Posted by: Vernon Ready
If you are facing a divorce settlement, you may also be facing a decision about paying or receiving alimony.
Colorado recently changed the way it views and calculates alimony payments. Modern times have seen big changes in the way marriage, divorce, and family dynamics are viewed in this country. State legislation regarding alimony and child support have responded to and begun to reflect these changes. If a divorce is in your future, we have laid out everything you need to know about alimony in Colorado.
When you get a divorce, a court will decide how to divide marital property, which spouse will pay alimony (also called “spousal maintenance” in Colorado) and how child custody and support is divided.
Spouses can come to an agreement on any of these big decisions before they file for divorce, or they can let a judge decide.
In the past, it was hard to determine how much spousal maintenance payments would be. The decision would be up to the judge, who looked at things like monthly income, property, child support payments, the standard of living for each spouse, and so on, and would make his or her own decision based on what they thought was fair.
Unfortunately, this was leading to inconsistencies across the state. Two couples with similar finances in different parts of the state would have to pay vastly different amounts for spousal maintenance. As divorce became more common, these inconsistencies showed up more and more.
In 2014, new legislation passed that gave Colorado a more standardized way to calculate spousal maintenance payments. A simplified version of the formula is as follows:
A judge takes 40% of the higher earner’s monthly income and subtracts 50% of the lower earner’s monthly income. The other assets and payments determined in the divorce proceedings will change this number slightly. The final number will be paid monthly. A judge will look at the length of the marriage to determine how long the higher earner will have to pay spousal maintenance.
The formula is reserved for marriages that lasted between 3-20 years and couples that together do not make more than $240,000 a year.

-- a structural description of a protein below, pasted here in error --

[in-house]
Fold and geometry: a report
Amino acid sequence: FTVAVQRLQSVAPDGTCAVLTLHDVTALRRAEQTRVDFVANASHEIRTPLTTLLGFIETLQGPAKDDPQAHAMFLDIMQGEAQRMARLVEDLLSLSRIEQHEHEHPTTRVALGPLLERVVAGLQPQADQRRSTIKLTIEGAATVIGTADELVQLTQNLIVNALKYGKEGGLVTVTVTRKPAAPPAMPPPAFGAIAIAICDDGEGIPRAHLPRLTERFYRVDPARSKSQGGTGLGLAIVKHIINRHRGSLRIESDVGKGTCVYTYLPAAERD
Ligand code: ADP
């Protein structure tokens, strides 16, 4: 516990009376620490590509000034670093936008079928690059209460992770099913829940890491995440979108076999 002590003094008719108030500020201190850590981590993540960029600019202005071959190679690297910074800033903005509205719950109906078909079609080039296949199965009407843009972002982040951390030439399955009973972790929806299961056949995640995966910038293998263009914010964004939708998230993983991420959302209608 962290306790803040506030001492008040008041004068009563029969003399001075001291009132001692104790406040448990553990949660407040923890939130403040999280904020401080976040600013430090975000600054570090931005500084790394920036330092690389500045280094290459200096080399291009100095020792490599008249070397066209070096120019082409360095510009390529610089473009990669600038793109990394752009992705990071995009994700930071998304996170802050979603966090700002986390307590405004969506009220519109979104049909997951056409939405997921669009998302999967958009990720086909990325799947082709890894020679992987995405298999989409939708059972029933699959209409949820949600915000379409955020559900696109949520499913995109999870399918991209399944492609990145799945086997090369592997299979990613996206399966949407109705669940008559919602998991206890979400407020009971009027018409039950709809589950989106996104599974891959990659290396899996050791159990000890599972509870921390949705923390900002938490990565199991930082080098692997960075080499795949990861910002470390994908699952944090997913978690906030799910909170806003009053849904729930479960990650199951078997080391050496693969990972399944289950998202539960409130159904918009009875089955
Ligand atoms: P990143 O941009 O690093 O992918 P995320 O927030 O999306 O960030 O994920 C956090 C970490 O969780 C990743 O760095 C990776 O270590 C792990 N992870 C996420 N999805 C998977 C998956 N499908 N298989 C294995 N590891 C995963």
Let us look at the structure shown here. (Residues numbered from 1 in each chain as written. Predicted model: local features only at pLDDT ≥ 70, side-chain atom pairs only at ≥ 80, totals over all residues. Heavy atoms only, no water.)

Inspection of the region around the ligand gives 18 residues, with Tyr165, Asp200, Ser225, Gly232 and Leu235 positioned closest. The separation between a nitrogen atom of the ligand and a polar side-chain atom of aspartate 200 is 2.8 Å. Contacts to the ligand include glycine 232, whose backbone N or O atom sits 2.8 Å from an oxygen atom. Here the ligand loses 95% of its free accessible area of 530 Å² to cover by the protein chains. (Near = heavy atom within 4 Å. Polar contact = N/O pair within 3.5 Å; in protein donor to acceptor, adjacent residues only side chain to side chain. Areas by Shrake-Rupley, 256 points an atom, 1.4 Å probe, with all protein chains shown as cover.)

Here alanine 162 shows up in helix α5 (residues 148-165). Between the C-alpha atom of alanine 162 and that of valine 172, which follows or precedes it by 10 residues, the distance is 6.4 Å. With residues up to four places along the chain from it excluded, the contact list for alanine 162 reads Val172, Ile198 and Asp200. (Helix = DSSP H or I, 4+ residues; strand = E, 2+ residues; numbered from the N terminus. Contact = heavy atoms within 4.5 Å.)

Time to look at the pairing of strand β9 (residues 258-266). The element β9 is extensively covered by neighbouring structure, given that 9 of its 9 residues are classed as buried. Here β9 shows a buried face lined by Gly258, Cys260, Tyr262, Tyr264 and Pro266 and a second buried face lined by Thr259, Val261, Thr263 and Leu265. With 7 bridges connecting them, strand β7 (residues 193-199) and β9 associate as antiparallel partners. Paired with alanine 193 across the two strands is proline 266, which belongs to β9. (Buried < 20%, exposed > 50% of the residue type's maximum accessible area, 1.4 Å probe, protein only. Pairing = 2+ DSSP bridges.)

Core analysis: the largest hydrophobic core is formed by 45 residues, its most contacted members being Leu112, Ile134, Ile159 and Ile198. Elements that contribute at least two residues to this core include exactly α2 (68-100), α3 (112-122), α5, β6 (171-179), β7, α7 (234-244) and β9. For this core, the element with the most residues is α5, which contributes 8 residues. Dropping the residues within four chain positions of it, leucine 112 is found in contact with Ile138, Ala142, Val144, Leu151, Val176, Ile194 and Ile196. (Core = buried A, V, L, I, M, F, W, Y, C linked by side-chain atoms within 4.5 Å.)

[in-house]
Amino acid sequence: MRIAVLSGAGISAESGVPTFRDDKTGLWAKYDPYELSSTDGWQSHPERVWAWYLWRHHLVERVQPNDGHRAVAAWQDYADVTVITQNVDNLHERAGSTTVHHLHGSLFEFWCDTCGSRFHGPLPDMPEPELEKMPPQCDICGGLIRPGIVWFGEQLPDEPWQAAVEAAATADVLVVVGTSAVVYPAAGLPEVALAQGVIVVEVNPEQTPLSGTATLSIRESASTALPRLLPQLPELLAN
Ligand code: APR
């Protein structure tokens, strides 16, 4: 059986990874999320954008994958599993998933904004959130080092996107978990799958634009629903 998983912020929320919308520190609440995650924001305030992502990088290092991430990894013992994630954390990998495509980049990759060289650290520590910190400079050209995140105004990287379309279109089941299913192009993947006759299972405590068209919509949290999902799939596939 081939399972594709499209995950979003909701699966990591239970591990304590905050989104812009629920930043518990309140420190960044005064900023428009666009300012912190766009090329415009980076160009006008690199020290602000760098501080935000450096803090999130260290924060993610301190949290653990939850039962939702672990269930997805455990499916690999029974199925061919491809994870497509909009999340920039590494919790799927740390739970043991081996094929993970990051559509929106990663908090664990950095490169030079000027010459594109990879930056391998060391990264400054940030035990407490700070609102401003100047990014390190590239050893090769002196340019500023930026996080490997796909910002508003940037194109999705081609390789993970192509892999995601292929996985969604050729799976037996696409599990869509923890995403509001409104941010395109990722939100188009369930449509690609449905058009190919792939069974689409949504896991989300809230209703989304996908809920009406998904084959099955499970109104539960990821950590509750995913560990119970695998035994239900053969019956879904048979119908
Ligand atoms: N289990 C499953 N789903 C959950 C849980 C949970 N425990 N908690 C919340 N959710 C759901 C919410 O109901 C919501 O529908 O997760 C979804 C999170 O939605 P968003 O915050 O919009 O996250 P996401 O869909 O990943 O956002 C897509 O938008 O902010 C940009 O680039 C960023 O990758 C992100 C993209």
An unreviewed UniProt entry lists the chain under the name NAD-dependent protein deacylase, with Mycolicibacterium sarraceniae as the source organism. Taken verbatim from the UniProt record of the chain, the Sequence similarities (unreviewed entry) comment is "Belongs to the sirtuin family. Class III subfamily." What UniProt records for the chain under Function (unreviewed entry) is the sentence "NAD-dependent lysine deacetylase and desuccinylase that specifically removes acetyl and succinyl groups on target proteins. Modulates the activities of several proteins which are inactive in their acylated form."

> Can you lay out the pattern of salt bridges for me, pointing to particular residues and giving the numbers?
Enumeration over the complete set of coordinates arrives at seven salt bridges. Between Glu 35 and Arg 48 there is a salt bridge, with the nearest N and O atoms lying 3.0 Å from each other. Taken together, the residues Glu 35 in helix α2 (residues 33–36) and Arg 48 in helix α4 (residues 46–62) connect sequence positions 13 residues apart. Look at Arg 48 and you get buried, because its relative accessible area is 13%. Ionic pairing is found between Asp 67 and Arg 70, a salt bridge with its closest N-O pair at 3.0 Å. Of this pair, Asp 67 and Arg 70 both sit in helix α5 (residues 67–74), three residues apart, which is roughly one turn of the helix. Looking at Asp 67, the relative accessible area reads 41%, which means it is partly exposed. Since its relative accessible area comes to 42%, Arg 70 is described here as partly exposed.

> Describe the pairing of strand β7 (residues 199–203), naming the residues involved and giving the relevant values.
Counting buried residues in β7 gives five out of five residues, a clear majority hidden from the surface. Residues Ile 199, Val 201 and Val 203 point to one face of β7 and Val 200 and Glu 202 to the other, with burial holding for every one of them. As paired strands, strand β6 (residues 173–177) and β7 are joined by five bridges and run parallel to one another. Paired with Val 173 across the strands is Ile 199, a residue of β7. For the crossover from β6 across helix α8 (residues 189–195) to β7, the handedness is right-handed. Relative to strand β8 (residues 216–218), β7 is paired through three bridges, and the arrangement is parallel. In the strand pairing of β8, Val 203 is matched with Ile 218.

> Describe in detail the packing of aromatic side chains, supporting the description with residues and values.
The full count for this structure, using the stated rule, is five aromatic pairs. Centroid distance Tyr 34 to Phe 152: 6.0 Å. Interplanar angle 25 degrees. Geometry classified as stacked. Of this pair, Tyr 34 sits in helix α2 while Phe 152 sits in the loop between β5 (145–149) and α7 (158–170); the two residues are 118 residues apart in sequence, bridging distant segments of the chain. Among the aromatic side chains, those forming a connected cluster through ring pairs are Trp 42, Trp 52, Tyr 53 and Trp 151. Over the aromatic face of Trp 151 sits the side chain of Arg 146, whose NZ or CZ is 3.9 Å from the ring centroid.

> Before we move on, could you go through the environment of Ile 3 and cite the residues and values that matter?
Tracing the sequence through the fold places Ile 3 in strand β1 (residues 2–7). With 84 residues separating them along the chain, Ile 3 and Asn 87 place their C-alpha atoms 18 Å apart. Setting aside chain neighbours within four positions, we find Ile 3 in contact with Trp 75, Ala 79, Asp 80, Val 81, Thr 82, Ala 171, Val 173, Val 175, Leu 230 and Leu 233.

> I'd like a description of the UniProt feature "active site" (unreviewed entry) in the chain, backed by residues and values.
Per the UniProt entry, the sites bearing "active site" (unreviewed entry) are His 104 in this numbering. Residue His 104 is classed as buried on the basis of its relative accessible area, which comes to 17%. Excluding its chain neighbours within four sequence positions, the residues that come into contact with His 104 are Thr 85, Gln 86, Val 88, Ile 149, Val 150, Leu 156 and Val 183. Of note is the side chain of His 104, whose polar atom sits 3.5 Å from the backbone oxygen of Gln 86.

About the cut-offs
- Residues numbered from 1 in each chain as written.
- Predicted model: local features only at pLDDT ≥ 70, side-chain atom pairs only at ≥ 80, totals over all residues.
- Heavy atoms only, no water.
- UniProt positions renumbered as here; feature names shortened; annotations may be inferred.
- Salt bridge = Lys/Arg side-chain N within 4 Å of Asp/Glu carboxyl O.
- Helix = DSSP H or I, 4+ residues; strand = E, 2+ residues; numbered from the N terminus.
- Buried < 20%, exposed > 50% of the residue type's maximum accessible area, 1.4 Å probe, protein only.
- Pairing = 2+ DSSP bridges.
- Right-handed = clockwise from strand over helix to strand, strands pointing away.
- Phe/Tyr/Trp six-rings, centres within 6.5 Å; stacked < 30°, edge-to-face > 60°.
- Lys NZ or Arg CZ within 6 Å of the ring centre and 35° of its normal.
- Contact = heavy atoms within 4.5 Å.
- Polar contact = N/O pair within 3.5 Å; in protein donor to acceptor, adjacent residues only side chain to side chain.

Of course, this calculation is still not a guaranteed way to determine the exact amount of spousal maintenance that will be paid. A judge will consider the following factors when adjusting spousal maintenance payments:
Colorado is a “no-fault” state, meaning that the court will not take who “caused” the divorce into consideration. Fault is not a factor from the beginning, and should not affect alimony payments.
Spousal maintenance is often viewed as a way to help one spouse transition the other spouse into their new life and get them on their feet to start supporting themselves. Permanent alimony is actually pretty rare, and has grown more rare with Colorado’s standardized formula. It is typically reserved for spouses who are physically or emotionally unable to hold a stable job, whether this is through a permanent injury, disability, or handicap.
Yes. Spousal maintenance can be changed or terminated at any time. You will have to file a motion, pay a small fee, and schedule a court date, but it could be settled in as little as two months. If you are anticipating a change in income or financial situation, it is important to file the motion as soon as possible.
Typically, if the spouse receiving spousal maintenance remarries, the spousal maintenance payments will be terminated.
The recipient of spousal maintenance must include payments in their income. For the payer, spousal maintenance is tax deductible. Keep this in mind if you and your spouse want to come to a spousal maintenance agreement before facing the court.
It is a good idea to have a lawyer representing you throughout your entire divorce. If you and your spouse are looking to determine payments and the division of assets before you file, look for a family lawyer who has experience in both third-party mediation and also estate planning.
Every marriage and divorce is different. To make sure you are properly represented and can guarantee a comfortable financial future, contact an experienced family law attorney with a track record of success today.
About the Author:
Vernon Ready is an award-winning Colorado lawyer with an in-depth understanding of all areas of family law, estate planning, and personal injury. His energetic and aggressive advocacy approach allow him to successfully navigate complex cases, including high asset divorce and complicated custody issues. During his time at the University of Colorado Law School, Ready won numerous awards for his trial advocacy skills. Since being admitted to practice in 2009, Ready has become well-known throughout Denver and the state for the passionate defense of his clients and his unparalleled understanding of the law.